Children can be incredibly precocious and capable of understanding complex themes and ideas. However, most children develop on a relatively regular schedule wherein their ability to manage their own needs and affairs is not possible until they are nearing adulthood. Since children cannot be trusted to take care of their own interests, they are generally not afforded the same rights as adults.
Generally, children cannot own property and cannot vote in elections for public officers. A child cannot be sued by an allegedly aggrieved party, and a child cannot enter into many types of contracts. Children cannot engage with many legal processes on their own, and in many jurisdictions that also means that they cannot draft and execute their own wills.
In New York a person must be at least 18 years of age in order to create their own enforceable will. However, age is not the only requirement that they must meet. Will creators must also be of sound mind and memory in order to have their wills validated, and as readers of this blog may know challenges and will contests can arise from the interpretation of these terms.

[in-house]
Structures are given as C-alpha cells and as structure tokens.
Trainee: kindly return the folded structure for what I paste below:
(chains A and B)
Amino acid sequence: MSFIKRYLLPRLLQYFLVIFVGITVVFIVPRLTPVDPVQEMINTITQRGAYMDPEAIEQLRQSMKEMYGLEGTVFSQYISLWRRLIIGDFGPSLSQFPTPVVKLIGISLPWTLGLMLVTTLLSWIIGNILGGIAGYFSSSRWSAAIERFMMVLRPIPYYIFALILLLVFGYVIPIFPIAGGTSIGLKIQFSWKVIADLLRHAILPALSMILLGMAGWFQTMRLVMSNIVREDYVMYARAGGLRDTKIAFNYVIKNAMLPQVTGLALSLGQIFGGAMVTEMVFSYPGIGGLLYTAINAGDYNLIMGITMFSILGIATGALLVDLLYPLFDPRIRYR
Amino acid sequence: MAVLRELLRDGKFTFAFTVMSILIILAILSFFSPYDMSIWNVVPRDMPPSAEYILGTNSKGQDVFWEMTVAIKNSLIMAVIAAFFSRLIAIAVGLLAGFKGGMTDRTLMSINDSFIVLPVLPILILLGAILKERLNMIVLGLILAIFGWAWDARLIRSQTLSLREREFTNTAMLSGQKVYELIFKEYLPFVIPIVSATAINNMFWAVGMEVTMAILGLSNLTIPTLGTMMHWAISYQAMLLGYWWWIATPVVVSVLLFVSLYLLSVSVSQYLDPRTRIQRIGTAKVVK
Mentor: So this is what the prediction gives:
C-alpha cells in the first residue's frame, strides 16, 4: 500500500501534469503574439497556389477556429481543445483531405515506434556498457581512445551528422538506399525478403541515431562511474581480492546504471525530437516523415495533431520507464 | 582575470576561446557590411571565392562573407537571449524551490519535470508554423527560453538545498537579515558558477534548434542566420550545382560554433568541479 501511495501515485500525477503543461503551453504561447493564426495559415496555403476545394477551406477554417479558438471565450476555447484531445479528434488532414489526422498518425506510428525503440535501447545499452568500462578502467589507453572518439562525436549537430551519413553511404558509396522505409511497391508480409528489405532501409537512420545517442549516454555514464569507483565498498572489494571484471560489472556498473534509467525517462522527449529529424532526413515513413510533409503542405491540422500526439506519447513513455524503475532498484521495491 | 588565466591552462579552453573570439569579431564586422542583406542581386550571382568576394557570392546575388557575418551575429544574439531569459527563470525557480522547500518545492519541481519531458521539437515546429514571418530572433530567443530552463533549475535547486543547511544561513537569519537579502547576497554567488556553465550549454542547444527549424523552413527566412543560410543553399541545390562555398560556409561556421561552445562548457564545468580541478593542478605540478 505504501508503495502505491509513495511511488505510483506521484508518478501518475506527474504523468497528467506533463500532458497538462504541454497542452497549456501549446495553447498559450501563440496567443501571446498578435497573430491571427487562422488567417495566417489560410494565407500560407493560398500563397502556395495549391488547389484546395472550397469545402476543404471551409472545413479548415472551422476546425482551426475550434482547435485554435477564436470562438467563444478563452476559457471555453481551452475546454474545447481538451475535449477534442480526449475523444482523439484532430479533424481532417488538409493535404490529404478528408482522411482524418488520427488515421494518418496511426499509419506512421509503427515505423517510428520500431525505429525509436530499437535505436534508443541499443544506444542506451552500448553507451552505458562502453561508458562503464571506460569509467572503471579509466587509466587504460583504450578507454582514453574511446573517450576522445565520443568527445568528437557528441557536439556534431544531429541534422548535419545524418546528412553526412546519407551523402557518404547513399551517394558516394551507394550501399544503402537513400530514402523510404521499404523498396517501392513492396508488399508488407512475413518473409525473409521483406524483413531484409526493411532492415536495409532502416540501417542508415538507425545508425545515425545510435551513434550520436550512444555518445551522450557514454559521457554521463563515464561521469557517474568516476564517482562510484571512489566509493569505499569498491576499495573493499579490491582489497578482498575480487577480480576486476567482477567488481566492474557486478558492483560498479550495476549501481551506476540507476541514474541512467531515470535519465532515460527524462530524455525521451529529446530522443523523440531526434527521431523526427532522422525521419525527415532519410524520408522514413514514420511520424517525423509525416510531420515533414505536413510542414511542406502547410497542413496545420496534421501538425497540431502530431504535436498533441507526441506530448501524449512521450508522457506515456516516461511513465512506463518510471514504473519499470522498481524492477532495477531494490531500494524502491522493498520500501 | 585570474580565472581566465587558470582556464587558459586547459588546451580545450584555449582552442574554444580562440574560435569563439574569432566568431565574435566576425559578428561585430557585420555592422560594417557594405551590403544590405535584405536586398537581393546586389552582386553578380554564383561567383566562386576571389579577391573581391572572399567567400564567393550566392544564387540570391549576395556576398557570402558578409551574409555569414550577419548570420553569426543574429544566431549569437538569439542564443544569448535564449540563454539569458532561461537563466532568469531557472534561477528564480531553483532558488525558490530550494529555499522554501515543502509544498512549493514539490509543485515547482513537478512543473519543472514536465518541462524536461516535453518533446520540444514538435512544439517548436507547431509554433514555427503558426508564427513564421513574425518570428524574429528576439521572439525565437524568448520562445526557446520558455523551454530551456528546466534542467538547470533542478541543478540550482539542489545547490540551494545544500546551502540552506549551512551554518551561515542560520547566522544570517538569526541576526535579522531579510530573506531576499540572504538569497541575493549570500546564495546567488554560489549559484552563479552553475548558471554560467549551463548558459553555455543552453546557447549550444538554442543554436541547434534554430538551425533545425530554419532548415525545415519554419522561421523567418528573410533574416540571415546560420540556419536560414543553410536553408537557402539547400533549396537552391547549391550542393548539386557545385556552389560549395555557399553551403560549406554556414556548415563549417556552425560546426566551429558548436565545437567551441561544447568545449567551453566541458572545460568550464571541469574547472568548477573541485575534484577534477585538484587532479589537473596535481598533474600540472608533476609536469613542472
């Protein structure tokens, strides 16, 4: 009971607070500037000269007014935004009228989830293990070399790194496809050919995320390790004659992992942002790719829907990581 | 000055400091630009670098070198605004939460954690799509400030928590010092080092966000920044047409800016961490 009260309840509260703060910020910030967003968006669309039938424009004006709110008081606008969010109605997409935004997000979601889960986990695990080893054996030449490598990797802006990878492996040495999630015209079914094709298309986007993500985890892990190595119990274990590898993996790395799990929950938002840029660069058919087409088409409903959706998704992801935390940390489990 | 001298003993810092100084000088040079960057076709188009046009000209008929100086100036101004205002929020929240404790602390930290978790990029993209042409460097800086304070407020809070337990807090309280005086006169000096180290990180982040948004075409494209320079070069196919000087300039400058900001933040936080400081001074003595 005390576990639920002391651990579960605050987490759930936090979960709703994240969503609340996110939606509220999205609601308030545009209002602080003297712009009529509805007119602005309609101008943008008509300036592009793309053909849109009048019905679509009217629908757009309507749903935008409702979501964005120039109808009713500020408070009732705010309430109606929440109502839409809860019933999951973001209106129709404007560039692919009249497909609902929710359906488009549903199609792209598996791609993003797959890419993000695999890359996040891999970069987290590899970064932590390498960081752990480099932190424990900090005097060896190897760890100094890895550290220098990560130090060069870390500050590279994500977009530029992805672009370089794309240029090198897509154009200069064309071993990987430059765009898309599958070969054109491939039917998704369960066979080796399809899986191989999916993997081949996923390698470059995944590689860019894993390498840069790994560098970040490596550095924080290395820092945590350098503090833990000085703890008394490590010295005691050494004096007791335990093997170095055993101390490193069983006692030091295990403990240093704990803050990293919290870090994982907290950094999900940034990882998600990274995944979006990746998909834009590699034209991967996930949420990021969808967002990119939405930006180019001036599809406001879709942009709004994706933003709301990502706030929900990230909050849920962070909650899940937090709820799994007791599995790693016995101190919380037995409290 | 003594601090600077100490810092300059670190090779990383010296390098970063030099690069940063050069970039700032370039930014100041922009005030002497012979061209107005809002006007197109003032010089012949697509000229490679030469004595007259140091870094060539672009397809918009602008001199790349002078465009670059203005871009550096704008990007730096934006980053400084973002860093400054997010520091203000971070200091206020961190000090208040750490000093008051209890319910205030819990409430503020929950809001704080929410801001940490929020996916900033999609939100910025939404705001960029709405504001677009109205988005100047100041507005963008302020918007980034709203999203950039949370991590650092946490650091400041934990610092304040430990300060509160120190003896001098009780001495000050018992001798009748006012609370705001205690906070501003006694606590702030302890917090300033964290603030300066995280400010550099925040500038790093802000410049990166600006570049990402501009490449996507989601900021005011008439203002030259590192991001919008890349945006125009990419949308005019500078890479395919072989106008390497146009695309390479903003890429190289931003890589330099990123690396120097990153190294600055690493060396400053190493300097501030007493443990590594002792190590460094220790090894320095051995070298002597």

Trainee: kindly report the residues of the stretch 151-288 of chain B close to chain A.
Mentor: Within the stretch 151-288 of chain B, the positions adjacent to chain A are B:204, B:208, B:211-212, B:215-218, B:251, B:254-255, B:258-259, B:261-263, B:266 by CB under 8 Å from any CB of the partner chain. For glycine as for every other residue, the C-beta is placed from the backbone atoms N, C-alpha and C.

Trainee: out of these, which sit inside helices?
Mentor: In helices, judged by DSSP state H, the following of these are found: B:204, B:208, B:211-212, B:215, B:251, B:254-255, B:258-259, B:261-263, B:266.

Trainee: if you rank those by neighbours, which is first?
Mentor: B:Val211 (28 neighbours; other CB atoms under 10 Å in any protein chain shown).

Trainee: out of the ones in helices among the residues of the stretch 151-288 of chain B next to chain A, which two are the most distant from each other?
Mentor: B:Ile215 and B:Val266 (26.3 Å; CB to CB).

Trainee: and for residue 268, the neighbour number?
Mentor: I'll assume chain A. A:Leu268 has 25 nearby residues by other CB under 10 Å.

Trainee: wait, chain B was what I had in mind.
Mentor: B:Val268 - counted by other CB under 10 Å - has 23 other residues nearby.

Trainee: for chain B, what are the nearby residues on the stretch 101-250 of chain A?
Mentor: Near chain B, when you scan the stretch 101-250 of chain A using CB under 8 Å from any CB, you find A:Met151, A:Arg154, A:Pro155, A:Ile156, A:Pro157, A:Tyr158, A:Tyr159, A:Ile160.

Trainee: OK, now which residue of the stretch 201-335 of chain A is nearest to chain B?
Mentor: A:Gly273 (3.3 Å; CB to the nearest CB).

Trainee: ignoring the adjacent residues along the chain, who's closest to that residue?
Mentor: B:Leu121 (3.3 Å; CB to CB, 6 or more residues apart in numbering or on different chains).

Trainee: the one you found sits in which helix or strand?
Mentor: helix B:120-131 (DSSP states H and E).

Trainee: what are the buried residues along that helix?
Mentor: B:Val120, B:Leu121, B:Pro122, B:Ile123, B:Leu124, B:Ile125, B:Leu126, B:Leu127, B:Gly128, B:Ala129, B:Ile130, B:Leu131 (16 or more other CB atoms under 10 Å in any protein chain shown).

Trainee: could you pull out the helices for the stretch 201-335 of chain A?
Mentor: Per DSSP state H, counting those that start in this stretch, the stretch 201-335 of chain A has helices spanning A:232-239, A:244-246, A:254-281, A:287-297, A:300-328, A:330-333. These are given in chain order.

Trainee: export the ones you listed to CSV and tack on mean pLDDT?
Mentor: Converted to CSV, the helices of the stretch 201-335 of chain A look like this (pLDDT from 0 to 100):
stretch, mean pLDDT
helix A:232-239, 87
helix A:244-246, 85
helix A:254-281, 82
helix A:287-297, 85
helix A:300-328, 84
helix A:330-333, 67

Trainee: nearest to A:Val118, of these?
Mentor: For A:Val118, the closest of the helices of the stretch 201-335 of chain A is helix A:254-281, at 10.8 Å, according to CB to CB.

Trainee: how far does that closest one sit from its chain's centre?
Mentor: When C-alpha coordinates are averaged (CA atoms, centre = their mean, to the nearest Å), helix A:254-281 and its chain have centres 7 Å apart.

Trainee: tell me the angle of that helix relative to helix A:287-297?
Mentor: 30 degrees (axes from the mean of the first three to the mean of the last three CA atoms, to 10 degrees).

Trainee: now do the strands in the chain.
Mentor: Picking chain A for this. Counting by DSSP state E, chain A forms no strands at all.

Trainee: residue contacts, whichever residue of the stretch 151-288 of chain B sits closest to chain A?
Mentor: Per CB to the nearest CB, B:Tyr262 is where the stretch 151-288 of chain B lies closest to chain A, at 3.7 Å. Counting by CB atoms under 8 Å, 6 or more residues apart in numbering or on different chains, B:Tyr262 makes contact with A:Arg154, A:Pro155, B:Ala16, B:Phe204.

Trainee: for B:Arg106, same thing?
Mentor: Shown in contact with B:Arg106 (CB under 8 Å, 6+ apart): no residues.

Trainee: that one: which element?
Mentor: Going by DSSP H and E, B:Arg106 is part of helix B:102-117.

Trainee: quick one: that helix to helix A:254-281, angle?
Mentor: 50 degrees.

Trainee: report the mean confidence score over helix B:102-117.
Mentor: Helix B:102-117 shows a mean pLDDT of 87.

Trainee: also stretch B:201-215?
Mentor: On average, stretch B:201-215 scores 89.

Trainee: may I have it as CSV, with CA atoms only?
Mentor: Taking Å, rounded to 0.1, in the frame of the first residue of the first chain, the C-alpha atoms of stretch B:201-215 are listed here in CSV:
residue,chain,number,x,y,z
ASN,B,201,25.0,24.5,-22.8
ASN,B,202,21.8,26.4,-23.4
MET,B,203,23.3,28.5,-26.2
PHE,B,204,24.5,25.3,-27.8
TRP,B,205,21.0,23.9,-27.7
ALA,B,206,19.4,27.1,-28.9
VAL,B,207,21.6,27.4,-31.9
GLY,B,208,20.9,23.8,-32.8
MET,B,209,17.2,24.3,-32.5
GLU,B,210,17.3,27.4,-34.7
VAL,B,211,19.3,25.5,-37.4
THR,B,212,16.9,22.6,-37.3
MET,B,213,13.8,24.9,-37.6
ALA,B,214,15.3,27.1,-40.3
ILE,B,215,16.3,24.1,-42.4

It is expected that parents, guardians, or other responsible adults will provide the care and management necessary for a child to reach adulthood. Once they do, they can take control of their own affairs, and that includes creating a will that will meet their testamentary intentions. Wills are complex legal documents that convey certain rights and interests to those who are included as beneficiaries in them. Legal counsel can help individuals who wish to draft or update their wills.